Ken Blanchard

Bill: No one has suggested that the constitution can be read "mechanically". There is, however, a big difference in the views of left and right regarding how the Constitution should be read by judges.

Your version is fair enough: you think that judges should regard the spirit of the law and I think that judges should read what the Constitution actually says (poorly written or not). Okay, but where do judges look to determine the spirit? When Brennan and Marshall argued against the death penalty, neither could deny the letter of the law. So they looked instead to an amorphous evolving morality. But how does one know what is a more or less evolved morality? Both judges had to admit that the death penalty was overwhelmingly popular and was authoritatively affirmed by most state constitutions. Well, said, Marshall, the people would be opposed to it if they knew as much as we do. So the standard of evolved morality was Brennan and Marshall's personal views. THAT is judicial activism at its highest.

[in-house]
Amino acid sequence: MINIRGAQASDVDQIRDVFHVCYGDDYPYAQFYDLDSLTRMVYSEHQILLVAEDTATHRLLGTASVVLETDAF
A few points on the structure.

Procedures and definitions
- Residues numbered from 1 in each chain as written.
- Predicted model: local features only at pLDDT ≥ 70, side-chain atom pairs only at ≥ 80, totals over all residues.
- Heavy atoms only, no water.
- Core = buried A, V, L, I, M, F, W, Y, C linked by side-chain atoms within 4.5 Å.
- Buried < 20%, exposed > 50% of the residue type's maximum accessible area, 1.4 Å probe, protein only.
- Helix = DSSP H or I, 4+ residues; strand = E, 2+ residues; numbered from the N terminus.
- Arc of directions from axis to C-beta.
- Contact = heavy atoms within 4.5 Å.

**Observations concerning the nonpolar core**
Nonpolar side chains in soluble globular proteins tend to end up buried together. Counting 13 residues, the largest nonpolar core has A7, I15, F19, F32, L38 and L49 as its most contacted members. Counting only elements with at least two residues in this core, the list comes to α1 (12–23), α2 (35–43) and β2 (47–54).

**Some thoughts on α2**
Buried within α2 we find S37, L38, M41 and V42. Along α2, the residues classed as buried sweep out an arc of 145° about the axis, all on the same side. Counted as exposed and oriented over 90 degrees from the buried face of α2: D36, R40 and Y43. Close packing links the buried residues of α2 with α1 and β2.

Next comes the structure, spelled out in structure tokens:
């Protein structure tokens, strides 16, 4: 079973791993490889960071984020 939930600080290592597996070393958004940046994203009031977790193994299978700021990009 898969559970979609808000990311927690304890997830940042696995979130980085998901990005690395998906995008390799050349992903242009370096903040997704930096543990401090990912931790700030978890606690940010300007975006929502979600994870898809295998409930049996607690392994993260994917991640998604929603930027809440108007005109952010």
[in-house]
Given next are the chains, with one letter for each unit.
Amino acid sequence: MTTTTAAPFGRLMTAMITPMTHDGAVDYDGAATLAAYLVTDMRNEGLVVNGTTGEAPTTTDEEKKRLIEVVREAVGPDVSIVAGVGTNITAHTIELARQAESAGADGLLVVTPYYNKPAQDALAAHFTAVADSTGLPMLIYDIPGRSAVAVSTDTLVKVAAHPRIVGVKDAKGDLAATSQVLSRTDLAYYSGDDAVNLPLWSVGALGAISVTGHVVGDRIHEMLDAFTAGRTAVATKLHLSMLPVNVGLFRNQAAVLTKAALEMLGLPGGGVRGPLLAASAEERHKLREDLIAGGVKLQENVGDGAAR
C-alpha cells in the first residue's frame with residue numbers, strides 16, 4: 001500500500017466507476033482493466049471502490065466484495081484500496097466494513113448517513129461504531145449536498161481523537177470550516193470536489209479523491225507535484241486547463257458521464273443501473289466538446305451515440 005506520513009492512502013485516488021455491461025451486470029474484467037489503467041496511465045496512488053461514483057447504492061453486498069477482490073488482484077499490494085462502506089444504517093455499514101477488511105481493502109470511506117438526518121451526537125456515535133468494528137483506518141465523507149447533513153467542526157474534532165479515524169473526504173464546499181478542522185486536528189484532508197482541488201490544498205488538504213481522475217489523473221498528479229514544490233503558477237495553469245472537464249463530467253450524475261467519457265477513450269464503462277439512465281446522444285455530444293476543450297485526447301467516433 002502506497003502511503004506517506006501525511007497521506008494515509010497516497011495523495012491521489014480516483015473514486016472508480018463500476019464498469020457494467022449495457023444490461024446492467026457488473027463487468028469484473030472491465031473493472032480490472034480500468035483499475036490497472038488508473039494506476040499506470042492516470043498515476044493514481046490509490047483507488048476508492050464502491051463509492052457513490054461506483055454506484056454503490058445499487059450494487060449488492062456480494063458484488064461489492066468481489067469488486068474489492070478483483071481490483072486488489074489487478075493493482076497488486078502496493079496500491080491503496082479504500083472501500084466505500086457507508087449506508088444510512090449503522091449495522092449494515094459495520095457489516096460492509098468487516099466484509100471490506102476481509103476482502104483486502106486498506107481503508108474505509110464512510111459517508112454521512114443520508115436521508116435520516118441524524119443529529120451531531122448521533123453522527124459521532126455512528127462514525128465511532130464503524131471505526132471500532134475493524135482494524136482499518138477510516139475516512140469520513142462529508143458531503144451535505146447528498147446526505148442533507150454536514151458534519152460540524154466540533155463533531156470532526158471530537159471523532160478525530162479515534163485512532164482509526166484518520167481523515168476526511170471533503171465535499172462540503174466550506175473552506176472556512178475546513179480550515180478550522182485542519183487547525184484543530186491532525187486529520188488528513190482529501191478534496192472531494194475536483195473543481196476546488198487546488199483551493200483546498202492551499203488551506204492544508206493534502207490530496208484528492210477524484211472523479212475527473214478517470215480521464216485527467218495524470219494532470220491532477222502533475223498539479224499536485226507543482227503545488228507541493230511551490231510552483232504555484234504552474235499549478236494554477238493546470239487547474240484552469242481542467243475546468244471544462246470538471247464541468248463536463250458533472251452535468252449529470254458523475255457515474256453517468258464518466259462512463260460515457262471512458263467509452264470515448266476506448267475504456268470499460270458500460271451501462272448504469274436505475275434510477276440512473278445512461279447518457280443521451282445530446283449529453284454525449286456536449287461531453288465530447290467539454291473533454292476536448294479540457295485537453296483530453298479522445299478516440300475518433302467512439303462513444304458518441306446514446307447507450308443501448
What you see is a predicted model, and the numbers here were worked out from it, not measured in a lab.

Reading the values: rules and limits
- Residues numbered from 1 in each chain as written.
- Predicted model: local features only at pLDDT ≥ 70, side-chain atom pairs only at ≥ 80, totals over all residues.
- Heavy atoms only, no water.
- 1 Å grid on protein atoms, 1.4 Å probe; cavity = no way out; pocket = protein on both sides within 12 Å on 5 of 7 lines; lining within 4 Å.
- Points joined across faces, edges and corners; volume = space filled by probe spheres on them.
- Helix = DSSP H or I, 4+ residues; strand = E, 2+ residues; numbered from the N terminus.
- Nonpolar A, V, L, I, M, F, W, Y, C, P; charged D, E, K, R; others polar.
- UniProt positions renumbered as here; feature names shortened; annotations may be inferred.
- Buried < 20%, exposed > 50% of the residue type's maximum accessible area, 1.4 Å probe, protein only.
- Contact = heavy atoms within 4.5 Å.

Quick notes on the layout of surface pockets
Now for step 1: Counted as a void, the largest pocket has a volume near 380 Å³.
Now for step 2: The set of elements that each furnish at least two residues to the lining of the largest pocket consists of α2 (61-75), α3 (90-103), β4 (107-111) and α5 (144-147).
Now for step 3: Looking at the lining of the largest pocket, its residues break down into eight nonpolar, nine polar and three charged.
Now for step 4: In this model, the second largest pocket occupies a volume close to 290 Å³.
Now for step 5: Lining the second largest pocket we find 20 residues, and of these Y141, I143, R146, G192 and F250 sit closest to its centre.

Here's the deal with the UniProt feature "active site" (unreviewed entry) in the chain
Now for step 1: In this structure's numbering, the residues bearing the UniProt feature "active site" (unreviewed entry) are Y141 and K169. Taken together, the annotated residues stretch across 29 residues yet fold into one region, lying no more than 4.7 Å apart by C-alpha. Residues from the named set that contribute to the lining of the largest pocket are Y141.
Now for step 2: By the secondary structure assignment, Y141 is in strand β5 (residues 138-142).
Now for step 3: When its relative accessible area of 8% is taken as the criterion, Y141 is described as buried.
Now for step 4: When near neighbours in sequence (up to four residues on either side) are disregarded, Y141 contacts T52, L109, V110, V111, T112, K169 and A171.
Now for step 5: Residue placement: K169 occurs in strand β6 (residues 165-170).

If you think that that is kosher, imagine if by some accident the Court ends up with seven ardent pro-lifers and they declare that legal abortion is a violation of equal protection. Have you any grounds on which to object? But you don't have to worry about Scalia or Thomas or Alito or Roberts. They don't think that the constitution says anything about abortion, so they would not endorse such a decision regardless of their personal views.